GET THE MAGAZINE

Subscribe today and save up to 66%*, plus get free access to the iPad and iPhone editions.

Subscribe

Tuned Up

A guided tour through some of rock ’n’ roll’s best garages...

<< Back to Robb Report, Robb Report Collection February 2015

A guided tour through some of rock ’n’ roll’s best garages.

Sammy Hagar sang “I Can’t Drive 55” and he has a chance to prove it every time he adds to his collection of Ferraris. But forgive this former Van Halen front man’s lead foot; these days, as lead singer of Chickenfoot, Hagar is racing to achieve the thrill he gets jamming onstage. “When you’re in a band that goes out and plays arenas for tens of thousands of people,” he says, “and they’re screaming and singing your songs, the excitement of that is only matched by a few things in life.”

Screaming down the highway in a 12-cylinder supercar is one of them, and Hagar is not alone in that opinion. Musicians from Adam Ant to ZZ Top have testified to their love of cars, whether it was Ronny and the Daytonas waxing poetic about a GTO, Bruce Springsteen celebrating his pink Cadillac, or Don McLean driving his Chevy to the levee. Jackie Brenston’s “Rocket 88,” recorded in 1951, is widely considered the first rock ’n’ roll song, and it is about an Oldsmobile.

“That really says something about the interconnectedness of rock ’n’ roll and automobiles and that feeling of freedom and not having to answer to the man,” says Meredith Rutledge-Borger, a curator at the Rock and Roll Hall of Fame. “You can just get behind the wheel and go wherever you want to go. That’s what rock ’n’ roll does.”

Hank Williams Jr.’s (and Kid Rock’s) 1964 Pontiac Bonneville Convertible

Few musician-owned cars have the backstory and music lineage of Williams Jr.’s “Silver Dollar Cadillac.” Commissioned by Audrey Williams, Hank Williams Sr.’s first wife, Hollywood cowboy tailor Nudie Cohn gutted the interior of the Bonneville convertible and replaced it with silver dollar–studded saddle-like leather and installed six-shooter pistols for door handles. Massive cow horns are mounted on the grille. The car was sold out of the John O’Quinn collection to Kid Rock in 2010 for $225,500 at Amelia Island.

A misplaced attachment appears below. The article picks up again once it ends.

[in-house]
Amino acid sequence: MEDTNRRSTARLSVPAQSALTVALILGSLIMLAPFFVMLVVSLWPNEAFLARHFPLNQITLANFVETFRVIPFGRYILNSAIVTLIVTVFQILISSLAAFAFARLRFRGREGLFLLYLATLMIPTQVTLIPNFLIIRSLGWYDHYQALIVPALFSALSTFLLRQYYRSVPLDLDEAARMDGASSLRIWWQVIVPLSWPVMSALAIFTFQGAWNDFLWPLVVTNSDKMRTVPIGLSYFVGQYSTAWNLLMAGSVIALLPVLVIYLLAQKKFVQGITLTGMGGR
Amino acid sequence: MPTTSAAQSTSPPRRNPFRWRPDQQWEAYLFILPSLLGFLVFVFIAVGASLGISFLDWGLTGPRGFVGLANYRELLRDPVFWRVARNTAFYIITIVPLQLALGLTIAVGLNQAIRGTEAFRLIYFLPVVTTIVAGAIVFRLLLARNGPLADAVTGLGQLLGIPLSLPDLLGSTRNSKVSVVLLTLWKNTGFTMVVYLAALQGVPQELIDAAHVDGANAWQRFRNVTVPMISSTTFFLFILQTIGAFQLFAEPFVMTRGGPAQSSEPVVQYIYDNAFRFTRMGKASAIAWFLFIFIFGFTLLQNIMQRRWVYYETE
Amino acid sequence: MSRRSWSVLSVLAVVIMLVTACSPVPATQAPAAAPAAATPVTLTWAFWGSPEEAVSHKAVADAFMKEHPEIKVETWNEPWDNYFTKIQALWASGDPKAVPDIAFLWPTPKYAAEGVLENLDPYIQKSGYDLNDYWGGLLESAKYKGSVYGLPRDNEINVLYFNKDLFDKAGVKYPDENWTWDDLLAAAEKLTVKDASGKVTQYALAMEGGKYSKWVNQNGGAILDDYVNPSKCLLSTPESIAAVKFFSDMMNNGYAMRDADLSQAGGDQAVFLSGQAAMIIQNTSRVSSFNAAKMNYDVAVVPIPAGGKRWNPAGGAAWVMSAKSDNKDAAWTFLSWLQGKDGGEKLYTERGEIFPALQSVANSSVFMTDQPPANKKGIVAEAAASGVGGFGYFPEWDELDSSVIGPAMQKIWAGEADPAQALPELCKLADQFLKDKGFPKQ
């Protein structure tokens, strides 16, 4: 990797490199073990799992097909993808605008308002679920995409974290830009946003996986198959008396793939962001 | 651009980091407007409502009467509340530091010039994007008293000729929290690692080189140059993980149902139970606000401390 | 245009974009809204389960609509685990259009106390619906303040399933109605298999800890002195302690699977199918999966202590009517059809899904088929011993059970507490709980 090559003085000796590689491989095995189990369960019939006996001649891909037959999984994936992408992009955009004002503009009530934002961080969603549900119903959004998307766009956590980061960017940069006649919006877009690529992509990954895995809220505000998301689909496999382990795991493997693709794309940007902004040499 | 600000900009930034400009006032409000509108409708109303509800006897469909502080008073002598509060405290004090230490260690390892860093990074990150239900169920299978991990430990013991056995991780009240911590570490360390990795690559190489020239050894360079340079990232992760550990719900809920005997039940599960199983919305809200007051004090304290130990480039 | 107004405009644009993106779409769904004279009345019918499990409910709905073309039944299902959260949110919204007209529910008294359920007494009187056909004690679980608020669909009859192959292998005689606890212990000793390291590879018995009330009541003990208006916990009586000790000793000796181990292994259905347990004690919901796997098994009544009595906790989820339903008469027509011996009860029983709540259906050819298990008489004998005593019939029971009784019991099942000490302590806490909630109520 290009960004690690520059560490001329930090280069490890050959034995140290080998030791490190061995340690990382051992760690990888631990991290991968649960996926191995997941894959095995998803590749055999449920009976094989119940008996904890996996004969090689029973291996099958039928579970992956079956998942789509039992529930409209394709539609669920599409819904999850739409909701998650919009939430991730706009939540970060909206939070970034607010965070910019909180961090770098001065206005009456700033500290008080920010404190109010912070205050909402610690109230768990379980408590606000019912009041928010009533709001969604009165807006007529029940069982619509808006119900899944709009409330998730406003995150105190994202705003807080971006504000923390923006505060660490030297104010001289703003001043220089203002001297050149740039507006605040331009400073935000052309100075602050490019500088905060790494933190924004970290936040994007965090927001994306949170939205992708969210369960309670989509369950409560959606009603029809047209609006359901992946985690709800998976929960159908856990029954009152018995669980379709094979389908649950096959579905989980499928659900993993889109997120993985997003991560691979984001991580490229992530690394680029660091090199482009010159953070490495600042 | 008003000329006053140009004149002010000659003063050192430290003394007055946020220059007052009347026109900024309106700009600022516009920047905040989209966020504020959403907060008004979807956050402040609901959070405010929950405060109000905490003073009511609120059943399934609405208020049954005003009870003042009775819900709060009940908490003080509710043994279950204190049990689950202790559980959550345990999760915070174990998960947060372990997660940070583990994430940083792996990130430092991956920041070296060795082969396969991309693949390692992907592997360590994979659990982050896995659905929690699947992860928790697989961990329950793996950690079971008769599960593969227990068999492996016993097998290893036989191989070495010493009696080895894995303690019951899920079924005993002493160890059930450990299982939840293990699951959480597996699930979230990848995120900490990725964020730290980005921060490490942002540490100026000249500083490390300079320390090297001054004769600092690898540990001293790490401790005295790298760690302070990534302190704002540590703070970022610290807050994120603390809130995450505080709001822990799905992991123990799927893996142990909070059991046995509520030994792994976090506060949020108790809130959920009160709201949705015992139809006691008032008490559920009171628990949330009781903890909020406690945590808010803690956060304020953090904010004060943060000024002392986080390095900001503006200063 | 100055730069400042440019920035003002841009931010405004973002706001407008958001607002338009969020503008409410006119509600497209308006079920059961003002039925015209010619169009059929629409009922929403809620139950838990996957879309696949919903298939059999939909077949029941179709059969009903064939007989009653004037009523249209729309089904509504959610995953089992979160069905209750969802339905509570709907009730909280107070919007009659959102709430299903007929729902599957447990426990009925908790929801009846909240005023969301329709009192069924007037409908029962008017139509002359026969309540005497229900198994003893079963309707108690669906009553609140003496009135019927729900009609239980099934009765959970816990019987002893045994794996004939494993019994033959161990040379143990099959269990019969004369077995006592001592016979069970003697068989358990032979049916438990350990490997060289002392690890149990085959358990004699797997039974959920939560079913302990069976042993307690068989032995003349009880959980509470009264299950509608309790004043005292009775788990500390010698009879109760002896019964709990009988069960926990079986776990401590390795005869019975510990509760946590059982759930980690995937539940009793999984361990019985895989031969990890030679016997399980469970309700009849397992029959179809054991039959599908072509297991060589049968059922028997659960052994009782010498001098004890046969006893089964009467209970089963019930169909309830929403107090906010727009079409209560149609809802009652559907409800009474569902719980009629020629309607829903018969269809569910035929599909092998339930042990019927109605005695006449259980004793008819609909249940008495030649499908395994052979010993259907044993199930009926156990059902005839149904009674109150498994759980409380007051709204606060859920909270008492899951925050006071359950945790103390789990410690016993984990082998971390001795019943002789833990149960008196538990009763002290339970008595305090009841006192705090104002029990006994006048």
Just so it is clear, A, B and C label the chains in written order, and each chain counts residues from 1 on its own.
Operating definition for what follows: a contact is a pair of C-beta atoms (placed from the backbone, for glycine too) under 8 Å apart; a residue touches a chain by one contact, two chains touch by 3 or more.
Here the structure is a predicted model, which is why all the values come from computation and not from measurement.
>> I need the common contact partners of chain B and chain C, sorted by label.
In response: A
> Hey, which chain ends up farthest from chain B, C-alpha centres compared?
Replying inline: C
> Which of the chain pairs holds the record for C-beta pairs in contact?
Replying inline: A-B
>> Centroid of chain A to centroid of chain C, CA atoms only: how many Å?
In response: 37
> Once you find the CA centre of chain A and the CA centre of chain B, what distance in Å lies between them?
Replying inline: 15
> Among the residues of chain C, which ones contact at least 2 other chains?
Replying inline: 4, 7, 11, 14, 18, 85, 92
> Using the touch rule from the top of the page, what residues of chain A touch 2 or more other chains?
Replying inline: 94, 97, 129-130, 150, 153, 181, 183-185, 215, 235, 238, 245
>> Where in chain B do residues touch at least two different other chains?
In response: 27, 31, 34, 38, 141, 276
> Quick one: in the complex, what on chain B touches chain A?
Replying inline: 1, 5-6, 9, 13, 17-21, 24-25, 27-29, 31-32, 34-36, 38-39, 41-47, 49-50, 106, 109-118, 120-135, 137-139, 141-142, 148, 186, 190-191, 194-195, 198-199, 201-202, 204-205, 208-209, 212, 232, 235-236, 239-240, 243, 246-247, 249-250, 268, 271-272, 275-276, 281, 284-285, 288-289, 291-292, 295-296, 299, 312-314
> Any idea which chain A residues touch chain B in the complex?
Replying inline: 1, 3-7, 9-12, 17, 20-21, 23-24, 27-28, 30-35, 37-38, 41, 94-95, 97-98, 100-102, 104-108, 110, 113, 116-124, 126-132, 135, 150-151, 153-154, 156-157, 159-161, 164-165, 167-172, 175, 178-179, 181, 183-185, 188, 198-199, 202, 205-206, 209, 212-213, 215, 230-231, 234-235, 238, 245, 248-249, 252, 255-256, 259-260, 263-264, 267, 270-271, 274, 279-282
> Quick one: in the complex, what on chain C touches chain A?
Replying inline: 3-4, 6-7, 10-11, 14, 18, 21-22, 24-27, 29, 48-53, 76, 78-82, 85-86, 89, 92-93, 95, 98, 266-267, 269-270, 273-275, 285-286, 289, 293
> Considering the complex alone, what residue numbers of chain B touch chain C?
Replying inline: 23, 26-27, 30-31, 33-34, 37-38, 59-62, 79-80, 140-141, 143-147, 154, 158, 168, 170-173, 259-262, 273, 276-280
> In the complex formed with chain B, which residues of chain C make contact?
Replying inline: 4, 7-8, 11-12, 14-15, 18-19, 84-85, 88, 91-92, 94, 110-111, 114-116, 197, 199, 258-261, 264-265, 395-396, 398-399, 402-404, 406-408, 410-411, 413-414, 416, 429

Where Hank Jr. busted staid Nashville wide open when he added rock influences to his traditional country sound, Kid Rock crossed musical lines with his blend of rap and rock. Kindred spirits, they both owe a debt of gratitude to Williams’s pappy, and live these lines from a Kris Kristofferson song: “If you don’t like Hank Williams, honey, you can kiss my . . .” rear end, which in the Bonneville’s case has a rifle mounted on it.

(Continues on next page…)

Elvis Presley’s 1958 BMW 507

The car Elvis drove while he was stationed in Germany with the United States Army spent the last four decades gathering dust in a Northern California pumpkin warehouse. Just 254 507s were built between 1955 and 1959, and last year the BMW Classic Center in Munich obtained the Elvis car and turned it over to a team of experts. The plan is to restore the roughed-up roadster to its original, fit-for-the-King splendor in time to display it for the marque’s 100th anniversary in 2016. One thing that probably will not change: the color. The cherry-red 507 was originally white, but repainted to deter female fans from covering the car’s body with messages written in lipstick.

(Continues on next page…)

Kenny Wayne Shepherd’s 1970 Plymouth Duster

As a boy in Shreveport, La., Shepherd drew cars for school art projects, carried toy cars in his pockets, and loved the Dukes of Hazzard, Smokey and the Bandit, and Knight Rider (naturally, he considered the cars the stars of those shows). Now the Grammy-nominated singer/songwriter has a collection of nine muscle cars with an emphasis on Mopars, and one of them has a connection to that youth he spent obsessing over power and speed: his 1970 Plymouth Duster, the car his mom owned when she met his dad.